Like any other desert plant, the species has evolved to brave the tough, searing temperatures and does so in a crafty way. Each of its one to four leaves can reach up to 71 centimeters (28 in). The wax-covered ridges on the leaves’ surface act like mountains that channel water toward the single root in the plant’s center.[4]

The mechanism allows it to gather as much water as a plant in the Mediterranean, along with soaking the ground beneath it to a depth of at least 10 centimeters (4 in). Perhaps plants are smarter than we give them credit for.

6 They Transform Into Beating Hearts

We’ve come a long way in the medical field. The rise of civilization gave way to a series of scientific breakthroughs, with new discoveries lighting up the path to bigger and better accomplishments. In fact, some of that road is paved with spinach!

Scientists were able to transform a spinach leaf into human heart tissue that beats liquid through its plant veins, overcoming the problem that laboratories faced in making vascular systems with tiny, delicate blood vessels. These capillaries are only the length of a hair’s width. Despite their size, they have a very important job to do: Without them, the cells in your organs wouldn’t be able to get the blood they need.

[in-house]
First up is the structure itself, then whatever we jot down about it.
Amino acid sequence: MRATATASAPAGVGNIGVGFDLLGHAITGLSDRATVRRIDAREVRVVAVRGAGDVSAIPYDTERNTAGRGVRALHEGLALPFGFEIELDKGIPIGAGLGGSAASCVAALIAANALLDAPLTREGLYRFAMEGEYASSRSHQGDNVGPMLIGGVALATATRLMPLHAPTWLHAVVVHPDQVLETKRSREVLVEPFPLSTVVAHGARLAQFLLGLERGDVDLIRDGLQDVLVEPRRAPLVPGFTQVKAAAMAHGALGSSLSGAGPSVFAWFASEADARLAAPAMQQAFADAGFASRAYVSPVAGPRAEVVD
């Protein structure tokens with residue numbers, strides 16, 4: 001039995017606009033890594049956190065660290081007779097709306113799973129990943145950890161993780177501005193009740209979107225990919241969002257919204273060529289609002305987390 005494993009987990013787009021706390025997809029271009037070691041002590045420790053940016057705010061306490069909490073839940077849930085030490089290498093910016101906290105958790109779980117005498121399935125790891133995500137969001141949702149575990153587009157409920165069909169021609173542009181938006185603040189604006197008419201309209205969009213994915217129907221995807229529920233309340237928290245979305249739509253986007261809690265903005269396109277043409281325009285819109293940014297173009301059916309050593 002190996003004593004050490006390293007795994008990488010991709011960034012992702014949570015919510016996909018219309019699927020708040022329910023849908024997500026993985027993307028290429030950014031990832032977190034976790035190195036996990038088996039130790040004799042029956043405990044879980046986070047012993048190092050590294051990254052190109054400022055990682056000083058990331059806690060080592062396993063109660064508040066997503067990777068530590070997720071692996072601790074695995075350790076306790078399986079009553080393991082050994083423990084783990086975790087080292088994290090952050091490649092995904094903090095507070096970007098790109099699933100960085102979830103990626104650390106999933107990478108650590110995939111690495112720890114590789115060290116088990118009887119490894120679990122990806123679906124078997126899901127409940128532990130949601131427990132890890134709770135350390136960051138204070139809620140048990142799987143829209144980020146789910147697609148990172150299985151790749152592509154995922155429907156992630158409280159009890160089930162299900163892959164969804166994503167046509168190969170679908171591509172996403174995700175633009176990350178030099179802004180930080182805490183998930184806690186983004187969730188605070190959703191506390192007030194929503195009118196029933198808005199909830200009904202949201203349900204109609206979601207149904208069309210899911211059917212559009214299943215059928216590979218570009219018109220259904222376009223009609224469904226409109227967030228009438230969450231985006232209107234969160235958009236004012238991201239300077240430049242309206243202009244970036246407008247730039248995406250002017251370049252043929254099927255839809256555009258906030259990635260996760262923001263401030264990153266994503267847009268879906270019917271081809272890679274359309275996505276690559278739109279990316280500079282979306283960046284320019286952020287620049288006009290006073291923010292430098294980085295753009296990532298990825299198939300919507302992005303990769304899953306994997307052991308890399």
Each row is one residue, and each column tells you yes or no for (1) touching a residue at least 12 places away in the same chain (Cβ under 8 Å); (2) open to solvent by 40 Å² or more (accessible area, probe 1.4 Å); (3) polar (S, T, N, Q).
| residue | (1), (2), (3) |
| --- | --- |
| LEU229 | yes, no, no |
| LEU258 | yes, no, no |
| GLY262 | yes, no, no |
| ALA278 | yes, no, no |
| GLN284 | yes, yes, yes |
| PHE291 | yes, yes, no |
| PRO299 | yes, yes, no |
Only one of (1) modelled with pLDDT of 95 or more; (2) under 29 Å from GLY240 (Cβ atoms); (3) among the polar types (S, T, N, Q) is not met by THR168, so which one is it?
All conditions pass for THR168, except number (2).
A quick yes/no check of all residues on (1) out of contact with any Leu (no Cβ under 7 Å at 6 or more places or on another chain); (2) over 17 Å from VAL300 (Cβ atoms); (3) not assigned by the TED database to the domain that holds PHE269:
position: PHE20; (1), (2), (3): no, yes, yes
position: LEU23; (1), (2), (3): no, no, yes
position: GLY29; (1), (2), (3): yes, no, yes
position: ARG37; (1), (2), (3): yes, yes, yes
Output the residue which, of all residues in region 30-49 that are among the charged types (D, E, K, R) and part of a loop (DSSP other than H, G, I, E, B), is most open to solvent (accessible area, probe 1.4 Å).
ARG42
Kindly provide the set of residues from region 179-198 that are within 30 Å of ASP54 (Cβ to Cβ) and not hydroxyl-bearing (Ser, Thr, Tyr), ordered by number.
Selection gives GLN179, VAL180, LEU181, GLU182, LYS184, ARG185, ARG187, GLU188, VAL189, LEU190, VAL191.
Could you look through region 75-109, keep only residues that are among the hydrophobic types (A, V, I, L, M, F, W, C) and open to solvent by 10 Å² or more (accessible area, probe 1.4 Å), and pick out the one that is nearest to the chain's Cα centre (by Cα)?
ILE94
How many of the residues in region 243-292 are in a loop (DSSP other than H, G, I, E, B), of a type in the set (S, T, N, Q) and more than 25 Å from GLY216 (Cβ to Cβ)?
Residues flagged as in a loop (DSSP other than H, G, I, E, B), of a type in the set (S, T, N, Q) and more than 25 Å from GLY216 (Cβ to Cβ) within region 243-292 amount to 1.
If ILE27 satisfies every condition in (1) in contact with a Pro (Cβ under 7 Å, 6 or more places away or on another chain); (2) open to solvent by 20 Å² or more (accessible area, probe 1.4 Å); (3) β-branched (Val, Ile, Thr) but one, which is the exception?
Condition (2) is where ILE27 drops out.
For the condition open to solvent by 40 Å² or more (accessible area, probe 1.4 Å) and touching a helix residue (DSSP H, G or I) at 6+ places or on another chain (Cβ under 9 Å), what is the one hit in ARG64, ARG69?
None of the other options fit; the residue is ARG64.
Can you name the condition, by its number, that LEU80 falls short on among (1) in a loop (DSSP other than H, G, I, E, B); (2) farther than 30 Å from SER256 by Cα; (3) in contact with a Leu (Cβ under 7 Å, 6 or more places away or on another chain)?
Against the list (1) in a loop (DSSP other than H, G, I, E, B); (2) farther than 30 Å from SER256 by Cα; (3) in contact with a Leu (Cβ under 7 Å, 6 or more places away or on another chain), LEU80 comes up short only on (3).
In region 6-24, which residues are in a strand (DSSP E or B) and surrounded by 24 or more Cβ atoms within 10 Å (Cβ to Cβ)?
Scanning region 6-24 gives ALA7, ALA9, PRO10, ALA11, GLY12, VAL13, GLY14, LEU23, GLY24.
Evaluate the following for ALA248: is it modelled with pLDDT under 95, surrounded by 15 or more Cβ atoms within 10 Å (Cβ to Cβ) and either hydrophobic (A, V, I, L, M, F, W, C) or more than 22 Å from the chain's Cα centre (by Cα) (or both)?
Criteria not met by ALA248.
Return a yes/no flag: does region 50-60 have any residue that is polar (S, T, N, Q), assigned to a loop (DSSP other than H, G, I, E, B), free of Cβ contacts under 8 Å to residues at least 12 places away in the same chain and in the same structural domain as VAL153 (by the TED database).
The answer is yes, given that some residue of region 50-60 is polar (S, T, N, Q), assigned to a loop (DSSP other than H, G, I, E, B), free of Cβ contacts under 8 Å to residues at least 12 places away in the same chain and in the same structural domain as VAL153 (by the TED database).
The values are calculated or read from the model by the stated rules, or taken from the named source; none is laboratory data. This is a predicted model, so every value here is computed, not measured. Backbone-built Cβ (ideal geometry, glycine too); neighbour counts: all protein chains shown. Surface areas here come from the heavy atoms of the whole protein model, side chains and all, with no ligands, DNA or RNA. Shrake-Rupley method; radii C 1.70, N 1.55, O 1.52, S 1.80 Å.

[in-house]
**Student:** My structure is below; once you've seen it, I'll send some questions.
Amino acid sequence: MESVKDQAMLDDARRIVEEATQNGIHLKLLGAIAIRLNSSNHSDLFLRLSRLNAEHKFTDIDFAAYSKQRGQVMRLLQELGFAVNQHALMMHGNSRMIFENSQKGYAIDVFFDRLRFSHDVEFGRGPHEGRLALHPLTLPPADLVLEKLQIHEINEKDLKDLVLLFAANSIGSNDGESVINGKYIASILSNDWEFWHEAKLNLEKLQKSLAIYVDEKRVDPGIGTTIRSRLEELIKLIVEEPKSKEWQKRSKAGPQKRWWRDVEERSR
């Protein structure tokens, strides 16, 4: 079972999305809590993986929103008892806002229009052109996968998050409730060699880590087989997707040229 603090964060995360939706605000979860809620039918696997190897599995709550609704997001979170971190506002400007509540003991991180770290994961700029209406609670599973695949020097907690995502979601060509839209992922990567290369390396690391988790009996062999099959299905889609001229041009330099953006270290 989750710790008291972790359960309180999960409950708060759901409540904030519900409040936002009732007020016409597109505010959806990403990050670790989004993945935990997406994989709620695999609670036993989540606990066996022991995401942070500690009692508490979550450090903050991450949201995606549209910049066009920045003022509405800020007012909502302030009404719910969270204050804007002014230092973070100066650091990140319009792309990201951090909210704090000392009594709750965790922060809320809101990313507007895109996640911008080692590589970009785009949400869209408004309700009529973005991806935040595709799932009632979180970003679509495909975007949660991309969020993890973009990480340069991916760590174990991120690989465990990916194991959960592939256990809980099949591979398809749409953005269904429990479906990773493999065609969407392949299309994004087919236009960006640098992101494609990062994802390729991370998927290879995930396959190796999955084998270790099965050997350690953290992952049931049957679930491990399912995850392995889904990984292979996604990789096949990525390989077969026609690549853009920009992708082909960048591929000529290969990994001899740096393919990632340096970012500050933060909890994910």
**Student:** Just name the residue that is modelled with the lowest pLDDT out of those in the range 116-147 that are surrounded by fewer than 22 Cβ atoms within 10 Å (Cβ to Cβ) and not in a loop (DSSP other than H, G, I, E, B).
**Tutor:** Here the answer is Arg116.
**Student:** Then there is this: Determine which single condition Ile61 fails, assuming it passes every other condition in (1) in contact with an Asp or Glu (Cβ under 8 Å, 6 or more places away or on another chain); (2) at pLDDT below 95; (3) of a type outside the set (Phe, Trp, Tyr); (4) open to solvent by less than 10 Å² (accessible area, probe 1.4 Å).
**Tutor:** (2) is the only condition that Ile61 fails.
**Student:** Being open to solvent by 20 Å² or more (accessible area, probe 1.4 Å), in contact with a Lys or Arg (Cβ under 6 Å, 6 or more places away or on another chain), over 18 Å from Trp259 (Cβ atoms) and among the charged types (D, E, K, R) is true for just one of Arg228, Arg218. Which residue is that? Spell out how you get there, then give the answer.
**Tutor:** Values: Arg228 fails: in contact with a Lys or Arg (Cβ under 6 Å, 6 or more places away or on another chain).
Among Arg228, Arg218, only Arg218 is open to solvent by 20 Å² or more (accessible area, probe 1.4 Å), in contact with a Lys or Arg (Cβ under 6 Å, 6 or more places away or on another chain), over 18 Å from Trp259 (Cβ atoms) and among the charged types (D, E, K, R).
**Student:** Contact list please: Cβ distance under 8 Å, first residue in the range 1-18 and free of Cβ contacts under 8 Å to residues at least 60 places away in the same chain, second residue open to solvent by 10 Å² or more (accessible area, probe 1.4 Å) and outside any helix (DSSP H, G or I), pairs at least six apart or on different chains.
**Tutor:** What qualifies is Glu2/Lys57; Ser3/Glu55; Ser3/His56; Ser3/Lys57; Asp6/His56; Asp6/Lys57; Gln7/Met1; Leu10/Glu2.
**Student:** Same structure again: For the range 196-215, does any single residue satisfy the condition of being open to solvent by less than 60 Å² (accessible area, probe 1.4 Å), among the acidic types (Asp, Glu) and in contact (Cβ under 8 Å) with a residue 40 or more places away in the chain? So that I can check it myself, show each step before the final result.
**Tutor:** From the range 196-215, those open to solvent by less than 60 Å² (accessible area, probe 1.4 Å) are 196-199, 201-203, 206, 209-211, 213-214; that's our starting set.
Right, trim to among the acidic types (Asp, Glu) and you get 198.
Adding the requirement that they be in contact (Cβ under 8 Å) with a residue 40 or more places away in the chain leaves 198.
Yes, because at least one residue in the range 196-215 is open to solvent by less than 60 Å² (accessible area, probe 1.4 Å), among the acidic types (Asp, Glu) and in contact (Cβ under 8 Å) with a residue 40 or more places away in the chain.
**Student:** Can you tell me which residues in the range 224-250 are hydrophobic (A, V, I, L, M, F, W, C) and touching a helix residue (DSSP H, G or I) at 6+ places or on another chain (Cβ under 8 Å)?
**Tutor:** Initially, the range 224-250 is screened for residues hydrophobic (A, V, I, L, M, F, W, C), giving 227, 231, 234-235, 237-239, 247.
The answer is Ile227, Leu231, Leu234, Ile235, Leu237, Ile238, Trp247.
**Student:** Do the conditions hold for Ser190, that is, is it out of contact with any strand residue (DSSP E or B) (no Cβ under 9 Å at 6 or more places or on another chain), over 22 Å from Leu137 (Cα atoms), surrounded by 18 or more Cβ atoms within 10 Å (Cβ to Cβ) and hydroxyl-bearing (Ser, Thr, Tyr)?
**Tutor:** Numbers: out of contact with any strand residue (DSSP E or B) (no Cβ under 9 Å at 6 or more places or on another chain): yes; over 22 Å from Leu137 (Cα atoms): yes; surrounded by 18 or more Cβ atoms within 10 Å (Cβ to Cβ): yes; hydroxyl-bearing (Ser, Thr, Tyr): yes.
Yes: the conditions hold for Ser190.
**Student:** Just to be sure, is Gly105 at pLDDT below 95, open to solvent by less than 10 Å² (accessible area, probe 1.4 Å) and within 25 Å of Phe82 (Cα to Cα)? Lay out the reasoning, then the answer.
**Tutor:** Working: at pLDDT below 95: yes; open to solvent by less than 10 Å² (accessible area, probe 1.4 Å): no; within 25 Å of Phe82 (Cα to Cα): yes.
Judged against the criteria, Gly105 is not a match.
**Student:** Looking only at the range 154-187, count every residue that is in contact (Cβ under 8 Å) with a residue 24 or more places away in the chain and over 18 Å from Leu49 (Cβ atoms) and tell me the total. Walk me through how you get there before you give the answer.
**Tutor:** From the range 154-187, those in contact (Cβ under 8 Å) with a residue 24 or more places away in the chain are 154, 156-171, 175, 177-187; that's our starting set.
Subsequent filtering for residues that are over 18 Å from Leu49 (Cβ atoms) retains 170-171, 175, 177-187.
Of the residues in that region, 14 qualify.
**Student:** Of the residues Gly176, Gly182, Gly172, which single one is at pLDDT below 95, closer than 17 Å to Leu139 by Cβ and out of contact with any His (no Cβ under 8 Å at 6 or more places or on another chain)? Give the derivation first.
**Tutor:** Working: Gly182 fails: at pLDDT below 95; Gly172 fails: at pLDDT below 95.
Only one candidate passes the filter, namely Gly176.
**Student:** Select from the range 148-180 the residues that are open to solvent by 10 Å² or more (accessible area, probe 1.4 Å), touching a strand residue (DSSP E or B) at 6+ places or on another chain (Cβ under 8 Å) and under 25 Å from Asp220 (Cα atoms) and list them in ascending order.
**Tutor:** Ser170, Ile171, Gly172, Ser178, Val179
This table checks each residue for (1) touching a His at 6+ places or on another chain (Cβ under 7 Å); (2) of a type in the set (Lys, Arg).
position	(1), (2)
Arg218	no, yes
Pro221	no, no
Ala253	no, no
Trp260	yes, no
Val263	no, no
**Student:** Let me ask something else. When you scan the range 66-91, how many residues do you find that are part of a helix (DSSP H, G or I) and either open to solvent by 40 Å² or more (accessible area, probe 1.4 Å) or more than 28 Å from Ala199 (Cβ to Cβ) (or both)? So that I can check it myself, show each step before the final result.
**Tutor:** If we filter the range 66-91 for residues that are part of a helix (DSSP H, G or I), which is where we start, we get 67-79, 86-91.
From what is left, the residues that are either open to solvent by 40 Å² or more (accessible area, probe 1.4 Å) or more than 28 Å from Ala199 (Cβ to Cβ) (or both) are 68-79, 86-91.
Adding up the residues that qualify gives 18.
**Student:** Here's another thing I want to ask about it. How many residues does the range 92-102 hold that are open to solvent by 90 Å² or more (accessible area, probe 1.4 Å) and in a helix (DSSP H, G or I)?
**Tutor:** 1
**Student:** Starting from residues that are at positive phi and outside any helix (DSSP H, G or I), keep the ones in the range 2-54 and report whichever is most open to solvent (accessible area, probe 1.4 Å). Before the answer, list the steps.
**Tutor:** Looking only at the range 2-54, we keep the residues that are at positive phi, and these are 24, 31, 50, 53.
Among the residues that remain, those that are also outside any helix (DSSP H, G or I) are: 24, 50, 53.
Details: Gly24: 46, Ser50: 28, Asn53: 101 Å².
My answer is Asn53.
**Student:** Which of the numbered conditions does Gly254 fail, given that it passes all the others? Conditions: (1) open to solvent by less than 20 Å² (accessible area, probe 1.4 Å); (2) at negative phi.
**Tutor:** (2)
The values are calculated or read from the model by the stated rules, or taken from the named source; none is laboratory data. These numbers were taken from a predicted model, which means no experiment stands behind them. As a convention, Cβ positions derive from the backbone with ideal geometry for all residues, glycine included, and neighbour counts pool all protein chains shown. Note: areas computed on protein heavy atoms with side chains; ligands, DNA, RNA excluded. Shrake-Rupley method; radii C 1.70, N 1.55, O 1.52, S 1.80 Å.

Luckily, spinach is crammed with a system of veins that transport nutrients around its tissue. Plant cells are removed from the leaf, leaving behind a ghostly white frame of cellulose that is then dipped into live human cells. Human tissue grew around the frame, becoming one with the tiny veins and transforming the spinach into a beating miniature heart.[5]

In time, this may benefit patients with damaged heart tissue from cardiac arrest or other illnesses.

5 They Eat Each Other

Though they have often been the epitome of vegetarianism and veganism, plants are far from peaceful. In the case of Venus flytraps and pitcher plants, they are predators of the insect world, preying on its unsuspecting inhabitants. In other cases, however, they prey on their own kind.

Bladderworts live in rivers, lakes, and soggy soil. Like Venus flytraps, these oddly named plants boast traps of their own: Underwater, their leaves hide hundreds of tiny, hollow sacs. The pressure inside is lower than the pressure outside. When unsuspecting worms or larvae brush up against a trigger hair, a secret door jerks open and water flows inside, carrying the prey with it to its doom.

But among the insects and nematodes, biologists have discovered something strange: algae inside the bladderworts’ stomachs. Had they been accidentally sucked in? Or were they part of the plants’ diet?